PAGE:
The focus of this thread seems to be on the "protection of property" portion with a completely unrealistic interpretation suggesting that teachers will be gunning down students for stealing chalkboard erasers. It's a silly argument with a silly premise.



Well said. I don't understand why Liberals can't grasp these simple concepts.



posted on Feb, 2 2015 @ 06:38 PM
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a reply to: Answer

Doesn't matter the method... deadly force can result in death, that is the point.



posted on Feb, 2 2015 @ 06:43 PM
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originally posted by: Kali74
a reply to: Answer

Doesn't matter the method... deadly force can result in death, that is the point.


That's exactly the point and the bill allows teachers to use deadly force to protect themselves and students from someone else's use of deadly force.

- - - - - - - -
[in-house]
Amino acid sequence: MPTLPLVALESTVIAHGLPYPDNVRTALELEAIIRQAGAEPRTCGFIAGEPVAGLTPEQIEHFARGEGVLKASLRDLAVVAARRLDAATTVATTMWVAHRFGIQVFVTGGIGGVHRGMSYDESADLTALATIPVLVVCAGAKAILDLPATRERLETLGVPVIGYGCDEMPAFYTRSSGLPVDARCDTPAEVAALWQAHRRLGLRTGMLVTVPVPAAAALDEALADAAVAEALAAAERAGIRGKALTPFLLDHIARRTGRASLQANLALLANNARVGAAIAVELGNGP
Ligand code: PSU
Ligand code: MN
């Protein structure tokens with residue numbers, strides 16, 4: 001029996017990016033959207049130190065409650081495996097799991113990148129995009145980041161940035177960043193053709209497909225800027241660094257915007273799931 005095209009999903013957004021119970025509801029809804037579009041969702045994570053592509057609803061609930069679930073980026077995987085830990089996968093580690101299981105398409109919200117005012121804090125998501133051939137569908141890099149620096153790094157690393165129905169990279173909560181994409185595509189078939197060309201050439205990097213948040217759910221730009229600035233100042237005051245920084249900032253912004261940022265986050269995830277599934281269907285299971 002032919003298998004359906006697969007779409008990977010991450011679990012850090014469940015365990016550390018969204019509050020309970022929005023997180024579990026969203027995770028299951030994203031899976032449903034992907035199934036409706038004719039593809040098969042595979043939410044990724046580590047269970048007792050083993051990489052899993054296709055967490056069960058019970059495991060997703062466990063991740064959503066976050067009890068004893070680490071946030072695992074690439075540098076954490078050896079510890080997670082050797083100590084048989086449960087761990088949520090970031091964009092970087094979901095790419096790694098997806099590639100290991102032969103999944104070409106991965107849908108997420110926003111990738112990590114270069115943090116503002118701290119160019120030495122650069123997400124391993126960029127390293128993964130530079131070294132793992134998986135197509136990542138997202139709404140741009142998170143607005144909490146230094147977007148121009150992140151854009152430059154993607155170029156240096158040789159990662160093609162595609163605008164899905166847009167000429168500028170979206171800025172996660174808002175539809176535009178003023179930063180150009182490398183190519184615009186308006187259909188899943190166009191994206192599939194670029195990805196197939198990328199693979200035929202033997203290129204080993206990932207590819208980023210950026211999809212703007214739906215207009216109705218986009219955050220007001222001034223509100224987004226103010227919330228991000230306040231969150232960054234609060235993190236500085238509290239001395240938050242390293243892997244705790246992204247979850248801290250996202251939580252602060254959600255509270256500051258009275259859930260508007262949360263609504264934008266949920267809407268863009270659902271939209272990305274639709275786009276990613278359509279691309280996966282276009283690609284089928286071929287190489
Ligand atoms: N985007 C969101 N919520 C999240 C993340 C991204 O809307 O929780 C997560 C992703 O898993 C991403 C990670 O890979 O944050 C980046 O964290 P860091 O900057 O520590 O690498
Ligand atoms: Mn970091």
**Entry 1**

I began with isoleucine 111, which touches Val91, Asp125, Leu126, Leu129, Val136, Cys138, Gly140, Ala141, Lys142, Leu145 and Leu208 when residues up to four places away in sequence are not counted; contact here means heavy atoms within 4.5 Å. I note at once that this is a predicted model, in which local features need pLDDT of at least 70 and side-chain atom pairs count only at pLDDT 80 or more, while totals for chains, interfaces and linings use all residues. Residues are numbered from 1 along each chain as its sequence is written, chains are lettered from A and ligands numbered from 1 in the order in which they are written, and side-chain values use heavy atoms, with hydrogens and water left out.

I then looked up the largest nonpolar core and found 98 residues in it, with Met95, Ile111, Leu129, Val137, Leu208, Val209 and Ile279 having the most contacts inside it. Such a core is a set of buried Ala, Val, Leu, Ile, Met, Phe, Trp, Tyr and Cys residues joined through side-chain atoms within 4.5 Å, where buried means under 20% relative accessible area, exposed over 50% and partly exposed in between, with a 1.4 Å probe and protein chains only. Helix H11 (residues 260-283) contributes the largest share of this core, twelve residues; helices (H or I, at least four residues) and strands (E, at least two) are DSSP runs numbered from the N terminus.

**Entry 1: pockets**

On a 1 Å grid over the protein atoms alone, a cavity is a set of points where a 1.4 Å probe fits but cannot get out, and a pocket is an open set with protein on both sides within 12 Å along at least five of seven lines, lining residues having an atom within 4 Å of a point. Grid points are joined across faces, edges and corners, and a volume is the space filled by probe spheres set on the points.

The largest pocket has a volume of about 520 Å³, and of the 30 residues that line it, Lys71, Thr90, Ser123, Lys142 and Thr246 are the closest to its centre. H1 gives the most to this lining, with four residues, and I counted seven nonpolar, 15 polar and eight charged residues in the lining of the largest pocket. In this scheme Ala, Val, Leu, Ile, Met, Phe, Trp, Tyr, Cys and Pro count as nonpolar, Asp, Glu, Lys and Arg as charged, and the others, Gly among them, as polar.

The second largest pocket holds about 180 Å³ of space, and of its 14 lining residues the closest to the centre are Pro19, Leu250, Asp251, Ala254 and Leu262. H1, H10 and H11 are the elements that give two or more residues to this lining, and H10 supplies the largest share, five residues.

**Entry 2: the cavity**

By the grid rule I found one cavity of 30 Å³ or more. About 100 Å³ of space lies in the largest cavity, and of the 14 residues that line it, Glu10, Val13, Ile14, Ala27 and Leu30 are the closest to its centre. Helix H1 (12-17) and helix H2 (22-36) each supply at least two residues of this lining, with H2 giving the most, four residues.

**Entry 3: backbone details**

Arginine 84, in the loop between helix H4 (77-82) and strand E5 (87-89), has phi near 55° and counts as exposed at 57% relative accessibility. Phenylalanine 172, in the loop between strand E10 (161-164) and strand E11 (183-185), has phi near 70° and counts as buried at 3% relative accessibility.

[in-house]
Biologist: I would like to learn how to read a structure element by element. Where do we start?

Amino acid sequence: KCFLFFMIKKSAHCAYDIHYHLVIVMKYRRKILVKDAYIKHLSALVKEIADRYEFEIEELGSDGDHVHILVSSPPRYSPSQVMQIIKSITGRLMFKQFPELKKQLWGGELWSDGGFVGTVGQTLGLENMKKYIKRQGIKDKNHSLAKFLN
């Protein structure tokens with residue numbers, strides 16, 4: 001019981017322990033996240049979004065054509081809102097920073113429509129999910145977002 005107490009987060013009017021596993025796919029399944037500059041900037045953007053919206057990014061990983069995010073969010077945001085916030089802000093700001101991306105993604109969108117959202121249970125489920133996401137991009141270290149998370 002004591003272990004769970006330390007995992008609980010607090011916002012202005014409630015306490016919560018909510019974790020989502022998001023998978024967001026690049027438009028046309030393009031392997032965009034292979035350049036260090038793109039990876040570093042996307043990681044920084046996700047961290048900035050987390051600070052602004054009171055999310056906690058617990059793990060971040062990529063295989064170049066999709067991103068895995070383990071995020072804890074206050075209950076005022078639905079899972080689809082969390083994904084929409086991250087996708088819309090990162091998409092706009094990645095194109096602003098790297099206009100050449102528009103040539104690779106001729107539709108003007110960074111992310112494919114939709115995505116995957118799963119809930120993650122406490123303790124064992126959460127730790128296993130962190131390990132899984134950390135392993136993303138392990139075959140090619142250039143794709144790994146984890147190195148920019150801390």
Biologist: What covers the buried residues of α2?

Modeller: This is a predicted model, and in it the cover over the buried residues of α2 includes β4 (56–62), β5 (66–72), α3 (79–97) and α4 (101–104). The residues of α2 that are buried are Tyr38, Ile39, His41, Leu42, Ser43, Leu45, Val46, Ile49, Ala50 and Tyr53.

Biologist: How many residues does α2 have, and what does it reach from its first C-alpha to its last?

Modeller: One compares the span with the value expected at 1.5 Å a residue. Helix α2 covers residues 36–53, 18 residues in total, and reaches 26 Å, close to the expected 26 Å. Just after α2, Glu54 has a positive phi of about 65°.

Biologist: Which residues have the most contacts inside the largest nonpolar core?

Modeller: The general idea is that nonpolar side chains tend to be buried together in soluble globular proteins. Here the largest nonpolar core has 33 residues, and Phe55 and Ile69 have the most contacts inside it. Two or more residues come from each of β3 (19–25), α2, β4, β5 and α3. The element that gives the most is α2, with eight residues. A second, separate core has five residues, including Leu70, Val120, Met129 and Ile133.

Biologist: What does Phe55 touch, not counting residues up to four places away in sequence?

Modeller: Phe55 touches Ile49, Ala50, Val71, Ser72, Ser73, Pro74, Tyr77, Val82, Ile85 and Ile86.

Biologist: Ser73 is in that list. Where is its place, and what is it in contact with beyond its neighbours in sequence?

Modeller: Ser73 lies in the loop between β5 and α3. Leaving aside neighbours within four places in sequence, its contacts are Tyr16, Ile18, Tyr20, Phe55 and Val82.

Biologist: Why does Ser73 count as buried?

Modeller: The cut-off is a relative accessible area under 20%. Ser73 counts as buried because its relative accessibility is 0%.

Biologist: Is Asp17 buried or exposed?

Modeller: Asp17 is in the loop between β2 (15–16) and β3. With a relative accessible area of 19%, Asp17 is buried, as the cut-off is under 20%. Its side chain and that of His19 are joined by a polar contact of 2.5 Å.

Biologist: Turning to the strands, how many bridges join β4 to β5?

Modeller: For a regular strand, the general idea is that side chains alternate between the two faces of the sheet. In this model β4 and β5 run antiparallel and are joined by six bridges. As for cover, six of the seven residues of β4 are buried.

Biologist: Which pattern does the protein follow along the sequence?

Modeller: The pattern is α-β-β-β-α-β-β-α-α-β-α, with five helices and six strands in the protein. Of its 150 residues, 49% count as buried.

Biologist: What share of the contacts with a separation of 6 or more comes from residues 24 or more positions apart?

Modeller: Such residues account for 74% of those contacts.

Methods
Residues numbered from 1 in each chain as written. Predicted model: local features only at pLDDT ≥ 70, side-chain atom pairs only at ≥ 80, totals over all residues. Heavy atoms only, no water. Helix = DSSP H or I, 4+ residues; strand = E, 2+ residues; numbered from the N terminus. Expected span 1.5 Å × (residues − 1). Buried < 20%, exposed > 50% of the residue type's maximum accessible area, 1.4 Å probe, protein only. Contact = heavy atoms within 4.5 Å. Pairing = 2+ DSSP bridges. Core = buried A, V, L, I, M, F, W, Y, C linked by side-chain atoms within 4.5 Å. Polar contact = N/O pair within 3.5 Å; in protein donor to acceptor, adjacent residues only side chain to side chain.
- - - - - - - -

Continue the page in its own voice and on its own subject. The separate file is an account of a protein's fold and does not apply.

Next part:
If a student tries to kill another student and a teacher uses deadly force to stop that from happening, does that teacher deserve to go to prison? That's essentially what you're saying.



posted on Feb, 2 2015 @ 06:43 PM
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originally posted by: Kali74
a reply to: Answer

Doesn't matter the method... deadly force can result in death, that is the point.


Dunno why some people are ignoring the obvious.

Don't start none. Won't be none.



posted on Feb, 2 2015 @ 06:47 PM
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a reply to: Answer

And property.



posted on Feb, 2 2015 @ 06:48 PM
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a reply to: neo96

Dunno why some people are so quick to poop on the Constitution.



posted on Feb, 2 2015 @ 06:48 PM
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I think the psychiatric-psychological problems that afflict students, teachers and administrators are the root of the problem.